7 Lessons Learned About Implementing CRM Systems for Nonprofits

7 Lessons Learned About the Implementation of CRM Systems

Implementing a new nonprofit customer relationship management (CRM) system can seem like a daunting challenge. But with a sound strategy and execution plan, it’s actually quite manageable – and the benefits of a new CRM system can be well worth the effort.

In this post, I’m sharing some of our top lessons learned about the implementation of CRM systems that are applicable to a wide range of nonprofits.

A lot has changed since the COVID-19 pandemic. Read about how we think about CRM strategy in a post-COVID world in our guide: The Nonprofit’s 2022 Guide to Digital Transformation.

Lesson # 1. Plan. Plan. Plan.
Effective planning is essential for a successful CRM implementation. This is especially true at the beginning of the project because it helps you a) determine which vendors and products to consider and b) identify which people within your organization will help establish requirements and make choices on behalf of their colleagues.

Planning also should include:

A CRM roadmap or technology roadmap is a great place to start. It helps you to define your technology vision, determine which approach best suits your nonprofit’s unique needs, and then select the right technology.

Lesson # 2. Know exactly what you’re buying.

Equally important is to have an accurate understanding of what the CRM platform you’re choosing can and cannot do. Be sure to complete an assessment of its specific capabilities and what will be required to integrate it with your existing systems. This should go far beyond reading the marketing material from the vendor.

For example, keep in mind that that more than likely no single product will do everything you want it to “out of the box.” So, be sure to explore what additional third-party tools you’ll need to include in your entire CRM ecosystem.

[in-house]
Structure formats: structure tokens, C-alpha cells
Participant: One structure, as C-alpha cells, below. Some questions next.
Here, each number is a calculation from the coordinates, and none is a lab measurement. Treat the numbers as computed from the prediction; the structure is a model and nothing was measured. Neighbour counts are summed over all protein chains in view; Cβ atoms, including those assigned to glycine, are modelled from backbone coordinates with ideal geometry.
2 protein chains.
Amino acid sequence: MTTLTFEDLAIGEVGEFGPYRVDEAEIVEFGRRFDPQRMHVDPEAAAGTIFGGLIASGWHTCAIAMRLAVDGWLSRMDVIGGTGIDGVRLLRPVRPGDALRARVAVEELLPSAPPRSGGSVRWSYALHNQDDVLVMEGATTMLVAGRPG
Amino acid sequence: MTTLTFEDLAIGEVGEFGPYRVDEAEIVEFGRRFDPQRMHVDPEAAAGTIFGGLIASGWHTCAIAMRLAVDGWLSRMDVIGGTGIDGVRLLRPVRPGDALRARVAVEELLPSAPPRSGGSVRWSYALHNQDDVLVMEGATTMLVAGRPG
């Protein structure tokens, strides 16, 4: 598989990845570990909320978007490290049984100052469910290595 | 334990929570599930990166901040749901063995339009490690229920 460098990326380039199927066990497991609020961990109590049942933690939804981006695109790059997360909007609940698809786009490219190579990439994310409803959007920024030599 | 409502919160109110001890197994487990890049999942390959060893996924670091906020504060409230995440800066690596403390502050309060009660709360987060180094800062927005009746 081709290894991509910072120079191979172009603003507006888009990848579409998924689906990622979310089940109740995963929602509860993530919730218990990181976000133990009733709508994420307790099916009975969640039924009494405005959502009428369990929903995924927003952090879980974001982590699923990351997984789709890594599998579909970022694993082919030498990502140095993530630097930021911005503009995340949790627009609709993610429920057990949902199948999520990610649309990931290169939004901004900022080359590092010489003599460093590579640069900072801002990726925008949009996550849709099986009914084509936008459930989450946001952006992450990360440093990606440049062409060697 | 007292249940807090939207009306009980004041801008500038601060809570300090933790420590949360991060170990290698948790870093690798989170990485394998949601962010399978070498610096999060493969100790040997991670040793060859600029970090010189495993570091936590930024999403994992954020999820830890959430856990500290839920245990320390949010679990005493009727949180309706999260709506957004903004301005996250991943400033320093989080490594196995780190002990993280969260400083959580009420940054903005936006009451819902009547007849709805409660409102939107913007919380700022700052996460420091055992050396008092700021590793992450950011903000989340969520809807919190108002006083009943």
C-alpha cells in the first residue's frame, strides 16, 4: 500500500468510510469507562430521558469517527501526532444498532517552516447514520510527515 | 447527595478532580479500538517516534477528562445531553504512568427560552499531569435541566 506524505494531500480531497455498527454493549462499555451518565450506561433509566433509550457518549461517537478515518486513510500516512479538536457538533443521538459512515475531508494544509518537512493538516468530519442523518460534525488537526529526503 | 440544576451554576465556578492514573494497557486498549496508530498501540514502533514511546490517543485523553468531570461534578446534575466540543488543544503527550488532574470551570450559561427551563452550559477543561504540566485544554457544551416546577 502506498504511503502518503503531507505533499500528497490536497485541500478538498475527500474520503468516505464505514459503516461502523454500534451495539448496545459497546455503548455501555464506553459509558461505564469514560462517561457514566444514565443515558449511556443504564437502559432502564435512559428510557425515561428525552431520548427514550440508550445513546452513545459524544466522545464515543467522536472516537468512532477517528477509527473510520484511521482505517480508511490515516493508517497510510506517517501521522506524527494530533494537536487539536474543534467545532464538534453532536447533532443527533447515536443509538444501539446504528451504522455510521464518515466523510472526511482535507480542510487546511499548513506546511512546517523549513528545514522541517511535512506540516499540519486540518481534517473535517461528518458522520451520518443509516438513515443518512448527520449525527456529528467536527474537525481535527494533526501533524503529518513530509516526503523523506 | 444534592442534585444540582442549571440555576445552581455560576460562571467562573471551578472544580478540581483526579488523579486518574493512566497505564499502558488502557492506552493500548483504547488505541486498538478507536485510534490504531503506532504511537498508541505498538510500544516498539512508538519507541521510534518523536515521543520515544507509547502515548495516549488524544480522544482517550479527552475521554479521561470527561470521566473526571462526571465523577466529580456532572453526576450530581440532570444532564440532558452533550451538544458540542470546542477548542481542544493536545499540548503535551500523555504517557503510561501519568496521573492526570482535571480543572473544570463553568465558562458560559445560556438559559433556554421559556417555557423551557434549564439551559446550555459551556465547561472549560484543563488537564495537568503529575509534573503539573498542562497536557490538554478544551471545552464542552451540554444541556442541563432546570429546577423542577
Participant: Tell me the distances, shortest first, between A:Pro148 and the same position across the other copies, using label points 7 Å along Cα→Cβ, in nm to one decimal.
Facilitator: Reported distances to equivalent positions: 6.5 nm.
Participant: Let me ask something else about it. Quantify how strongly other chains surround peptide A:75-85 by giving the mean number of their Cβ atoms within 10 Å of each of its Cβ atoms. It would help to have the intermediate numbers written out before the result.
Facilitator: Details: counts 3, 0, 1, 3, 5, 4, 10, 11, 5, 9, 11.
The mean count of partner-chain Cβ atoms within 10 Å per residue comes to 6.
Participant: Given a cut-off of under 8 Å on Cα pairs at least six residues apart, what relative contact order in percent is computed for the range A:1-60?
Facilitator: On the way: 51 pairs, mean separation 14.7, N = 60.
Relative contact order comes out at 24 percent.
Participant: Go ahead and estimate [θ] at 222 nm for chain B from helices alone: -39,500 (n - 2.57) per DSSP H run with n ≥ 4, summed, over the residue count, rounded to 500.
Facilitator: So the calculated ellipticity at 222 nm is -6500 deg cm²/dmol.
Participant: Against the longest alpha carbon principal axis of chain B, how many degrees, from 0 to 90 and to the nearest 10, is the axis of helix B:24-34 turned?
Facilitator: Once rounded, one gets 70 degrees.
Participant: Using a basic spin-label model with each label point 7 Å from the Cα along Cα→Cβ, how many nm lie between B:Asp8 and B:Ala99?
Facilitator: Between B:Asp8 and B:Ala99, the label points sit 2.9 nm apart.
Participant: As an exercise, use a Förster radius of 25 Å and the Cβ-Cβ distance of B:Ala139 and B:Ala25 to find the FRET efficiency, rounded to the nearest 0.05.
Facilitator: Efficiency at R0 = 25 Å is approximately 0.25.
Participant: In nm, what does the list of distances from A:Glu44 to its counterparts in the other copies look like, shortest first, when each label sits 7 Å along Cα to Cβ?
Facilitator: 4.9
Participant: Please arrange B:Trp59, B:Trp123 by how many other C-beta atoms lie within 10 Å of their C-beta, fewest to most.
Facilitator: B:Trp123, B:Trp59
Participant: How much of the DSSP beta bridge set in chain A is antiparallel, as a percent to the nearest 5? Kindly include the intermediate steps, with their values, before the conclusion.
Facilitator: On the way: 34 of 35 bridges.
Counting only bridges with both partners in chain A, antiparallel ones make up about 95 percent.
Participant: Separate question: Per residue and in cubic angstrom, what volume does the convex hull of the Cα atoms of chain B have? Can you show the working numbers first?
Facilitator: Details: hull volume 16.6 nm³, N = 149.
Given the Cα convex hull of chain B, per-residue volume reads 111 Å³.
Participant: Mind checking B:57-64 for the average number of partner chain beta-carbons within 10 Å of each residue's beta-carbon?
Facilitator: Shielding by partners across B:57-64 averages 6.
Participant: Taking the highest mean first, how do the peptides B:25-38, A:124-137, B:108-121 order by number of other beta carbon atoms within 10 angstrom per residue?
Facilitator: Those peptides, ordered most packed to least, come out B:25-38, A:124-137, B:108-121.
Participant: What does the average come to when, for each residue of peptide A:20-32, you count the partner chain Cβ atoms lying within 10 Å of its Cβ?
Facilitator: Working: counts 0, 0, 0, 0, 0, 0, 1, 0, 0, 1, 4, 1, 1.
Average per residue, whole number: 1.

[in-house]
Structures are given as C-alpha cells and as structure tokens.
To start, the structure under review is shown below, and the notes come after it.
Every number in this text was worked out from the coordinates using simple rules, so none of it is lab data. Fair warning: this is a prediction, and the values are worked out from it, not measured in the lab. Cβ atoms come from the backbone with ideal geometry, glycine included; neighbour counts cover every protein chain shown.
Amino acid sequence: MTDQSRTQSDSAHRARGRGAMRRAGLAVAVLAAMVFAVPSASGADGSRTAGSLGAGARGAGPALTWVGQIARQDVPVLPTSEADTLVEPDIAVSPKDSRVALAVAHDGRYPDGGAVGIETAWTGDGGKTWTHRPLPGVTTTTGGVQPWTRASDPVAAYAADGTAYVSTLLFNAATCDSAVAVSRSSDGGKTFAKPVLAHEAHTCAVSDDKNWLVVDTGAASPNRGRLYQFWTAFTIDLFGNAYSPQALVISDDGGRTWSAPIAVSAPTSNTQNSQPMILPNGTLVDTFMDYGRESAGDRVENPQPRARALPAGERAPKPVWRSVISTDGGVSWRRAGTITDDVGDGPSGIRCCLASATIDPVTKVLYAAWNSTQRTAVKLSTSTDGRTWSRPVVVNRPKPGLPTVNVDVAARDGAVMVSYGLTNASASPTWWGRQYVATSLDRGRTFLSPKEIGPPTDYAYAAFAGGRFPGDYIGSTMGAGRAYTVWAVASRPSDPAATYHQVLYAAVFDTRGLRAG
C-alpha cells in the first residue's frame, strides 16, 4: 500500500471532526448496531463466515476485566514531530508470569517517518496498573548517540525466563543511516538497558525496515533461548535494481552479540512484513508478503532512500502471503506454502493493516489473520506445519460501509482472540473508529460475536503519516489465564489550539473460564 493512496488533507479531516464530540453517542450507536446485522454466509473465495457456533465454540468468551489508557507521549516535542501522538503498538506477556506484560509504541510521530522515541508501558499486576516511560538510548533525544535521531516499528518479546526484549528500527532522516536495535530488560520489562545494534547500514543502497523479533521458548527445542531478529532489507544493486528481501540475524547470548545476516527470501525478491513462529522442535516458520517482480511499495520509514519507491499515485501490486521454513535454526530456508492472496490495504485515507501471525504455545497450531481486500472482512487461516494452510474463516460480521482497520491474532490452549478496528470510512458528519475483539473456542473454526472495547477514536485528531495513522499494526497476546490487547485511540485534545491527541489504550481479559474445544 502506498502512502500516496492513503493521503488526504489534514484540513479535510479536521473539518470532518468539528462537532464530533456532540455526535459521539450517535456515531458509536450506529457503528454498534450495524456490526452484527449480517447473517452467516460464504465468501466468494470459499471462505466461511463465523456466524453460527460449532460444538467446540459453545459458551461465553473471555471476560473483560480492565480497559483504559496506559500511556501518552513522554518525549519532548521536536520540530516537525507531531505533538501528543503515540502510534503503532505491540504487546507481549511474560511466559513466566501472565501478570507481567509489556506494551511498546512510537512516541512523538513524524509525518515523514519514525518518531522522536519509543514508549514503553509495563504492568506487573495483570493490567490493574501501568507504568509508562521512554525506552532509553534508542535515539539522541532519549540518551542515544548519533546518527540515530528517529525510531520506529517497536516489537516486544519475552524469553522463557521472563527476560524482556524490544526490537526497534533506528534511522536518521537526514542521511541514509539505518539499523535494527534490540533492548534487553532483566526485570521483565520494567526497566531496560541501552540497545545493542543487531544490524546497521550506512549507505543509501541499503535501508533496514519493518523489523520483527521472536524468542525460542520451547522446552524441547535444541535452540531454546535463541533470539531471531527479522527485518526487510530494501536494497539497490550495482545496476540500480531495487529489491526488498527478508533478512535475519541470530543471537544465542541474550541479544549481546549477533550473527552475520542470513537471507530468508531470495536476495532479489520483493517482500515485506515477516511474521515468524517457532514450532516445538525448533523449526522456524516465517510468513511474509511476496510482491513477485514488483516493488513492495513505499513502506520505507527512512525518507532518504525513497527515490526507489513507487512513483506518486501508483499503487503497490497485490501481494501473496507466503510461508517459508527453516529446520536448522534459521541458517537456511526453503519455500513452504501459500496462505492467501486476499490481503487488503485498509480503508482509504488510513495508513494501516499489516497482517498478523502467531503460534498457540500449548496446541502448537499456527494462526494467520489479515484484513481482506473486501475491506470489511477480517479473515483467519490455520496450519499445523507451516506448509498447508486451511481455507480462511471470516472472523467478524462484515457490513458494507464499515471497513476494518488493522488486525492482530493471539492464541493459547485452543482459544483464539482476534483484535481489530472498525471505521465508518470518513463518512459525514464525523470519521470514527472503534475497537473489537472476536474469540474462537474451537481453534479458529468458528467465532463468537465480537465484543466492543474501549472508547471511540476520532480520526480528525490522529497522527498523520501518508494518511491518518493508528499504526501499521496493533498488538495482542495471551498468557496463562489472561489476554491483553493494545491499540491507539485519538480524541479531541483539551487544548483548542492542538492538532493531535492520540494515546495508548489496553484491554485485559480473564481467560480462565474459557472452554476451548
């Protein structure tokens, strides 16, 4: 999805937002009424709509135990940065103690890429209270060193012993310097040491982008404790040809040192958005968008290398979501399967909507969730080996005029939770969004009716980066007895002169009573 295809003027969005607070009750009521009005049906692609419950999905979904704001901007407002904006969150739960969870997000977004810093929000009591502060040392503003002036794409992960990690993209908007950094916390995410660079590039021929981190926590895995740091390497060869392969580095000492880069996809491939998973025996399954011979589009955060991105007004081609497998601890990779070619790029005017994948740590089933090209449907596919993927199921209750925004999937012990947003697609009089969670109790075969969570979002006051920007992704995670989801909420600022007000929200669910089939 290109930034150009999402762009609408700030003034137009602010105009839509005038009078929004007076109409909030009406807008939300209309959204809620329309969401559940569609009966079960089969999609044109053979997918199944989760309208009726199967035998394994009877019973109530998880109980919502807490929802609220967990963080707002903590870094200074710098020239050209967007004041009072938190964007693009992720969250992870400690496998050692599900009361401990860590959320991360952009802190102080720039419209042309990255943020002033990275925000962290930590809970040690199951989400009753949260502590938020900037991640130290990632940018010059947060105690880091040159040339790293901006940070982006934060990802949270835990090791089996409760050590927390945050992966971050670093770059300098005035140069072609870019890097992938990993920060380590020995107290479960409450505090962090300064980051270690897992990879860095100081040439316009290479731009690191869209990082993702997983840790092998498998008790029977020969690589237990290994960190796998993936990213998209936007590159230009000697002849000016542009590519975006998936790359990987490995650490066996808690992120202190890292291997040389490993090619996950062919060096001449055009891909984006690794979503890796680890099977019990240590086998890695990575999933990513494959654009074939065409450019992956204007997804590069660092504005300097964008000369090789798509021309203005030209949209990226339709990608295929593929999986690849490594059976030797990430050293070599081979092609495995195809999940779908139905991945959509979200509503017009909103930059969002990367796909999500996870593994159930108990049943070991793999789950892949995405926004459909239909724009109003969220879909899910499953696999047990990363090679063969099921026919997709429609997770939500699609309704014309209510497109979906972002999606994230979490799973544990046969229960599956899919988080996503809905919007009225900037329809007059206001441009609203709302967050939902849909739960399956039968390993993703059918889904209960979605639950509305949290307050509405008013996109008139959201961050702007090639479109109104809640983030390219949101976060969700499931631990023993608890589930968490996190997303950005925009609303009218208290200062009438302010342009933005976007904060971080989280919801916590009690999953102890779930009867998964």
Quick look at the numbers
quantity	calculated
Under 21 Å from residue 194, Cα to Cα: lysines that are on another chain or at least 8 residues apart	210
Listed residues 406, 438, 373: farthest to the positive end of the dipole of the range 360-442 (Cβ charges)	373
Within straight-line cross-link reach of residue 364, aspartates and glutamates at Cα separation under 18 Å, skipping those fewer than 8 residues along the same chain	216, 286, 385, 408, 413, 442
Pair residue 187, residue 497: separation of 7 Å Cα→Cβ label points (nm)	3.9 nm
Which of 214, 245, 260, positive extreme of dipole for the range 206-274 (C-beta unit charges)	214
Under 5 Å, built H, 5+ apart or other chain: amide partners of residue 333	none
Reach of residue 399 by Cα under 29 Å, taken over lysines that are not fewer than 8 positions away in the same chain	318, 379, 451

Also, there might be certain functions that are not immediately available when your new system is first launched. So, you should have a roadmap in place to address interim plans and solutions that might be temporary or could remain in effect for longer periods.

Lesson # 3. Make sure the right people are involved.

It’s essential to have a good representation of your new CRM platform’s users and other stakeholders to get an accurate picture of their needs — and ultimately, to get their buy-in and support.

It might seem obvious that the director of IT would be involved. But it’s also essential to include representatives from each of the functional areas that will use the technology or be affected by it, such as staff from development, membership services, and so on.

By involving stakeholders from business units or departments, you’ll be able to more effectively define and prioritize your needs across the organization. This approach will help to:

  • Break down silos and promote cross-functional collaboration
  • Ensure that you’re setting realistic expectations with staff
  • Allow you to clearly communicate your priorities to your technology vendors

By putting people first as you implement your CRM nonprofit strategy, you can anticipate their wants and needs and minimize any bumps in the road.

Discover successful techniques for communication during every phase of a nonprofit technology implementation. Read the guide, Project Communication Plan for Technology Change.

Lesson # 4. Brace yourself for a productivity dip.

Getting used to new technology takes time. So, there will likely be a productivity dip following the launch of your new CRM system. But there are things you can do to minimize the disruption to your organization.